Skirt: So, Kohl's
Shoes: Sea Star, Brigantine
Necklace: The Tote Trove
Sunglasses: The Tote Trove
Breaking news: I made a fresh batch of candy bow barrettes! But first things first with a book review.
I recently read a novel called Amy Falls Down, by Jincy Willett. Now, I had never heard of Ms. Willett, which means that I received this book as a gift and that it falls into the great uncharted territory of my reading list, which is to say that it is not a) a comedian autobiography or b) chick lit. (Having read up on Willett since, I'm certain that she'd snort at the thought.) That said, Amy Falls Down is about Amy (obvi), an esteemed but obscure and near-reclusive sixty-something writer whose greatest flaw is that she overthinks everything. Case in point: she once almost drowned because she couldn't decide on a clever enough way to call for help. Furthermore, despite teaching a fiction writing workshop, Amy hasn't written anything in decades. The action starts on New Year's Day when Amy is in her backyard disposing of a tree gifted to her by her students and falls and hits her head on a birdbath. She doesn't go to the hospital because hospitals scare her. Instead, she dons a crazy-colored caftan and gives a (scheduled) newspaper interview to a girl reporter fond of enthusiasm and purple prose. The next day, Amy can't remember the interview, which freaks her out just enough to make her forget her phobia of medical attention. So she sets off for the ER. There she meets a homeless woman clutching a newspaper who says, "Hey, it's you!" (or similar). Amy grabs the newspaper only to see her own interview in print. And it's a doozy! Having been somewhat unhinged in her sub-concussed state, she apparently spun a yarn like no other. She is soon seen by a doctor (an amateur novelist with a sound sense of humor who proclaims her to be just fine), then goes home where she's barraged by phone calls from her old agent. This heralds a media feeding frenzy (or at least the lit world's equivalent) that will, as they say, change her life forever. Reluctantly, Amy embarks on an odyssey of radio shows, readings, and TV panels, her wicked wit waxing ever sharper with each appearance. Although not quite a case of the old pride goeth before a fall, post-tumble Amy is forced to admit (or at least feel, as this broad admits nothing) that she's been letting fear hold her back. As if in response, she starts writing again and spends more time with her writing students, a motley crew of misfits who, she realizes, aren't so bad after all.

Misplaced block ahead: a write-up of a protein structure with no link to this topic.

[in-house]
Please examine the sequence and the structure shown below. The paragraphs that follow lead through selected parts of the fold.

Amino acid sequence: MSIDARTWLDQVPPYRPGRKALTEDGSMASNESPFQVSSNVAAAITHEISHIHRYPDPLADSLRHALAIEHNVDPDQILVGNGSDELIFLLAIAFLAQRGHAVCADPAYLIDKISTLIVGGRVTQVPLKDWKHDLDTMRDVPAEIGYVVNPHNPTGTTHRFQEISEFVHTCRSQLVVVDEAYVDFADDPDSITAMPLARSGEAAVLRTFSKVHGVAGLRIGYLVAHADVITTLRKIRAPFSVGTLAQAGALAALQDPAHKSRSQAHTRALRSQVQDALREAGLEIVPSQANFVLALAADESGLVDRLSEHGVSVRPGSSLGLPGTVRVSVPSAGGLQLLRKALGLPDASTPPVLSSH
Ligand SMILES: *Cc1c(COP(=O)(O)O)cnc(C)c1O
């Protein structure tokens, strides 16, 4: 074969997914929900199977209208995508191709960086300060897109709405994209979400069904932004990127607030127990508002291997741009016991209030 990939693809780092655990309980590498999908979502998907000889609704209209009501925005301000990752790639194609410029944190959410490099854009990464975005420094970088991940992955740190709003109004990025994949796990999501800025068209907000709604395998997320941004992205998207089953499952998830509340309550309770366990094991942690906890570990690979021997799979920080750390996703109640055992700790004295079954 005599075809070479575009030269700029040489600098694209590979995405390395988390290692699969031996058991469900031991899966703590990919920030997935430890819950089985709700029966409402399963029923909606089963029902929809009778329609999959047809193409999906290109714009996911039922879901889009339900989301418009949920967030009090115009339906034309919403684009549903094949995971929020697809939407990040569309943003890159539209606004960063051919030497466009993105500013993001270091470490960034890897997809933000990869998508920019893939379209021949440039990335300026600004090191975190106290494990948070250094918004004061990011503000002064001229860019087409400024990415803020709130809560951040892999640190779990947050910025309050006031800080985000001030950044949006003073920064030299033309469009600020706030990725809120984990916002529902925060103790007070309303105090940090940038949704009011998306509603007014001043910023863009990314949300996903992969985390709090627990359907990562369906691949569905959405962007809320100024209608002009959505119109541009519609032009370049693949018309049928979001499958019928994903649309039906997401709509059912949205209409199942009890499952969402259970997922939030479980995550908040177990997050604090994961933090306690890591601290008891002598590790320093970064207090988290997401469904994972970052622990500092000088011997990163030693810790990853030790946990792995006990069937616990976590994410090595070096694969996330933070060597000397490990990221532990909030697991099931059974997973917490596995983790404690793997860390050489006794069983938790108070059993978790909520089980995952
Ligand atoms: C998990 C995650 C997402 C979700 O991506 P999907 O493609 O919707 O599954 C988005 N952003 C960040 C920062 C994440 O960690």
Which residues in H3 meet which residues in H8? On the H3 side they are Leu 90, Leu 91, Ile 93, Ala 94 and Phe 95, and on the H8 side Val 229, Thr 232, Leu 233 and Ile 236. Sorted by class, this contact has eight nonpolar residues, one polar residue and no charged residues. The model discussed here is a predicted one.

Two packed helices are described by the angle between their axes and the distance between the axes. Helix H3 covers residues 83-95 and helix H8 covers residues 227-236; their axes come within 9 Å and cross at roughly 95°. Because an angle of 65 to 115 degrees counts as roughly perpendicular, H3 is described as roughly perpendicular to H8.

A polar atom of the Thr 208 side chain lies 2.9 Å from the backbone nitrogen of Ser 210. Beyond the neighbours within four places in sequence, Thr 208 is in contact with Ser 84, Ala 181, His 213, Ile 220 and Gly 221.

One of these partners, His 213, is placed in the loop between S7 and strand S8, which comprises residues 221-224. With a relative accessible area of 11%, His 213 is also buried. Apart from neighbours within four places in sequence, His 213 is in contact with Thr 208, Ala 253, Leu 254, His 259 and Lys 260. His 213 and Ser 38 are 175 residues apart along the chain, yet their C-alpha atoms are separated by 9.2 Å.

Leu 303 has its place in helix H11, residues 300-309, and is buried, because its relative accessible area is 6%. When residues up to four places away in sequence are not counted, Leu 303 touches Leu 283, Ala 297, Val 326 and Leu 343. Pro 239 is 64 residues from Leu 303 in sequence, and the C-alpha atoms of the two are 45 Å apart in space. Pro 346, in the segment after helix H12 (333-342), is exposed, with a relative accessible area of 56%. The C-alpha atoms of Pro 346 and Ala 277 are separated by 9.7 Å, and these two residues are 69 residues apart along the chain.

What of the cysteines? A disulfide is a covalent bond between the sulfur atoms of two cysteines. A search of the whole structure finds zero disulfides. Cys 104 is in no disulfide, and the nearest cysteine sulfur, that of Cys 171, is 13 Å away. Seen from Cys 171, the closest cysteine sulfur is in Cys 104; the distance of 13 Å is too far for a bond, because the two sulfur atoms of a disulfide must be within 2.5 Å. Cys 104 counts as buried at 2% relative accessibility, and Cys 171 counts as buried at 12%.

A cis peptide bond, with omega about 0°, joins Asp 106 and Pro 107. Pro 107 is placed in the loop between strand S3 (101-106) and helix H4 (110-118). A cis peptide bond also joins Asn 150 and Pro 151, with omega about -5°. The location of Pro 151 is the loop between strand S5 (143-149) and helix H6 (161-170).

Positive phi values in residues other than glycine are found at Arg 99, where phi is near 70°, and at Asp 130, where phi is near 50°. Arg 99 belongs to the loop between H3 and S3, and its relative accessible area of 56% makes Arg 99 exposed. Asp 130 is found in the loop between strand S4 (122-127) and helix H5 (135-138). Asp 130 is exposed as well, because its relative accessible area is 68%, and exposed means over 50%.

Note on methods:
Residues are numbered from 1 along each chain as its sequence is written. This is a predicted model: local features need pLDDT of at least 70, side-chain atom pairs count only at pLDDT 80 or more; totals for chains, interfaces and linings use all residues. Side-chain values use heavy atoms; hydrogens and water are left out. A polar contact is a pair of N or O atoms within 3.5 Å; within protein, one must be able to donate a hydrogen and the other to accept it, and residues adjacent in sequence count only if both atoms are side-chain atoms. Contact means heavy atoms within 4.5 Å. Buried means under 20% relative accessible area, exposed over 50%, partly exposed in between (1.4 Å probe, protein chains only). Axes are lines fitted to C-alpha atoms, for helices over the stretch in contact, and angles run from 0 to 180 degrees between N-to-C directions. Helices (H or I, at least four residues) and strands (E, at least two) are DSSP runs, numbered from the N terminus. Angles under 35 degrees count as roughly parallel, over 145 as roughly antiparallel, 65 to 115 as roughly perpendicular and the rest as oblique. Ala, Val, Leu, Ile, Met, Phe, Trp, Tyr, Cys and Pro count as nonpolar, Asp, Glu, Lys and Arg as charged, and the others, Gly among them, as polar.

Wry and irreverent, Amy is the kind of eccentric anti-hero I always root for. Hers is essentially a story of accidents and how even the worst ones can enrich our lives. Although I'm from the everything-happens-for-a reason school of thought, I can still get on board with the story's central message, which is (say it with me now), don't let fear get the best of you. Because although sometimes dark and disturbing, Amy Falls Down is ultimately optimistic in the way it champions the power of change.
In other words, Amy falls down . . . but she eventually gets back up again.
So, why did I team this book review with these candy barrettes? Partly because Amy wore a candy-colored (heretofore "crazy-colored") caftan when she gave her epic interview and (presumably) because she ate lots of candy given her laissez-faire attitude toward nutrition. Partly because I like to keep you guessing. Perhaps a better question is this: Why did I pair Amy with Barbie, a woman (?) who, for all of her squillions of outfits, has, as far as I know, never worn a caftan-slash-muumuu?
Because I'm a blogger of contradictions, that's why.